Brachial Plexus Injury Treatment

Brachial plexus injuries

Brachial plexus injuries can be debilitating, affecting a person’s ability to use their arms and hands. Revo Rehab is a leading provider of therapy and rehabilitation for patients with Brachial Plexus Injuries. Our multi-disciplinary team of therapists and specialists work together to create a customized treatment plan for each patient.

We offer various services, including physical therapy, and speech therapy. We also provide counseling and support for patients and their families. Our goal is to help our patients regain as much function and independence as possible.

If you or someone you know has been affected by a Brachial Plexus Injury, we encourage you to contact us to learn more about how we can help.

Contact us today to learn more.

Frequently Asked Questions about Brachial Plexus Injury Treatment

What is brachial plexus injury?

Brachial plexus injury (BPI) is a type of peripheral nerve disorder resulting from trauma to the brachial plexus, a network of nerves that originates in the neck and extends into the arm. BPI can lead to varying levels of impairment, including temporary or permanent loss of feeling and movement in part or all of the arm, shoulder, and hand. BPI is commonly caused by a traumatic event such as an automobile or motorcycle accident, fall, or sports injury.

What are the symptoms of a brachial plexus injury?

The symptoms of a brachial plexus injury can vary depending on the extent and location of damage to the nerves. Common signs and symptoms include pain, numbness, tingling, weakness, or decreased arm, shoulder, or hand movement. In severe cases, there may be partial or complete paralysis of the affected limb.

How is brachial plexus injury treated?

Treating a brachial plexus injury will depend on the severity and cause. Treatment may include physical therapy, medications to control pain and inflammation, nerve block injections, splints or braces, or surgery. Surgery may be used to repair damaged nerves or reposition them to restore movement and sensation.

In some cases, nerve grafts may bridge gaps in the damaged nerves. In cases where the nerve damage is irreversible, assistance devices such as prosthetics can help restore function. Therapy after treatment is essential to help the patient regain strength and range of motion.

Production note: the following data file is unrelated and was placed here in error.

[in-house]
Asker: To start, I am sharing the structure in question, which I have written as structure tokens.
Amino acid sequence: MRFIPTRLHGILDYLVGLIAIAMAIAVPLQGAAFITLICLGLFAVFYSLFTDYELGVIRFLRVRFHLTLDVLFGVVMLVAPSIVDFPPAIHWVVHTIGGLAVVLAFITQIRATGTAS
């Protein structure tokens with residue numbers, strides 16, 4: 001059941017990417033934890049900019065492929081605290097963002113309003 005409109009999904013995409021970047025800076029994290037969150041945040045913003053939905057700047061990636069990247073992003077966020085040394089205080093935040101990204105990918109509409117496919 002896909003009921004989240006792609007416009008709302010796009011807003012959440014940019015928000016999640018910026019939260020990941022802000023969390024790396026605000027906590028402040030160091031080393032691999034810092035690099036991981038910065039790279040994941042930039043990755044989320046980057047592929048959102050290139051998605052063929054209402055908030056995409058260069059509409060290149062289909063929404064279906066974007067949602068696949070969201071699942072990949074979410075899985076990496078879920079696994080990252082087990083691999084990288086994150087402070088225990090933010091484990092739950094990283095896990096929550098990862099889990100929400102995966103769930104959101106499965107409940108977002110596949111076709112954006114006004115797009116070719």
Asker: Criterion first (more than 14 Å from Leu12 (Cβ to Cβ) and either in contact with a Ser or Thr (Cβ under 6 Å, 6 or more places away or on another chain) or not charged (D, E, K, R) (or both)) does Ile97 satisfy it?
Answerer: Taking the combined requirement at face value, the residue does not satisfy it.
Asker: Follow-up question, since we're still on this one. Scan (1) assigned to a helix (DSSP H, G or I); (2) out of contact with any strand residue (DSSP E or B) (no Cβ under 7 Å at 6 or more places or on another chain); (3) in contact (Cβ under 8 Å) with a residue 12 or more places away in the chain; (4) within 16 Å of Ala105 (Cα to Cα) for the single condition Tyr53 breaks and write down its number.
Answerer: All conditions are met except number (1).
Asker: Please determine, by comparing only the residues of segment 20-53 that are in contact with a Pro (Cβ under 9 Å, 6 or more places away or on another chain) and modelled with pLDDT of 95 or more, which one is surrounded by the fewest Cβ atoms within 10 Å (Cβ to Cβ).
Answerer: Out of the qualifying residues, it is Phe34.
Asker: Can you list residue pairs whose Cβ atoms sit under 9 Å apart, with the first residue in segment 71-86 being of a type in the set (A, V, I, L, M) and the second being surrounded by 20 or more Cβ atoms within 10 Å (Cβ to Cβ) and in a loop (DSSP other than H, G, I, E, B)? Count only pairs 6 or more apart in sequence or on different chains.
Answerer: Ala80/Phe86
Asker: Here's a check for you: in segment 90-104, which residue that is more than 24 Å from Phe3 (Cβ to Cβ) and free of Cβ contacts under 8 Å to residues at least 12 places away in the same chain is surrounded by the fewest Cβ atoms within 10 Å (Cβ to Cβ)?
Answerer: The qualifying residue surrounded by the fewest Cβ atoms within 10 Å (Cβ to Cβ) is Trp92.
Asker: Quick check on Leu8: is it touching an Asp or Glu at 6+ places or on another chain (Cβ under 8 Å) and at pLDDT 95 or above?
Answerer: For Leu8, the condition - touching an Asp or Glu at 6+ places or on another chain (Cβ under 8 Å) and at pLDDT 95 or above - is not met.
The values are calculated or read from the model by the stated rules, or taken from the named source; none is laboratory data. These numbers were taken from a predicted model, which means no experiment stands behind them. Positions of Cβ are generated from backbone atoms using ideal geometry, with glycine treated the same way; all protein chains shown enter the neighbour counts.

Who can diagnose and treat a brachial plexus injury?

A brachial plexus injury is typically diagnosed and treated by a neurologist or orthopedic surgeon specializing in nerve and musculoskeletal conditions. Depending on the severity of the injury, additional specialists such as physical therapists, occupational therapists, speech therapists, or pain management specialists may also be consulted for treatment.

What therapies are used to treat a brachial plexus injury?

The treatment for brachial plexus injuries can vary depending on the severity and location of the damage. Generally, physical therapy or occupational therapy are the main treatments used to manage a brachial plexus injury.

Physical therapy aims to increase the range of motion, strength, and flexibility in affected muscles, while occupational therapy focuses on restoring the ability to use the affected arm and hand. In more severe cases of brachial plexus injury, surgery may be necessary to repair any nerve damage.

How long does it take to recover from a brachial plexus injury?

Recovery from a brachial plexus injury can take months to years, depending on the damage’s severity and any treatments used. The more severe the injury, the longer it will take for recovery. Some people may not recover full function in their affected arm even after seeking treatment. It is essential to work closely with a doctor or physical therapist to determine each individual’s best treatment and recovery plan.

In addition, it is essential to stay optimistic and patient throughout the process, as recovery from a brachial plexus injury can be a long journey.

Contact Us

We welcome the opportunity to speak with you regarding your rehabilitation questions or concerns. Please contact us through any of the ways listed below.

Rock Hill Office

1317 Ebenezer Road
Rock Hill, SC 29732
Phone: (803) 207-8177
Fax: (803) 207-8130

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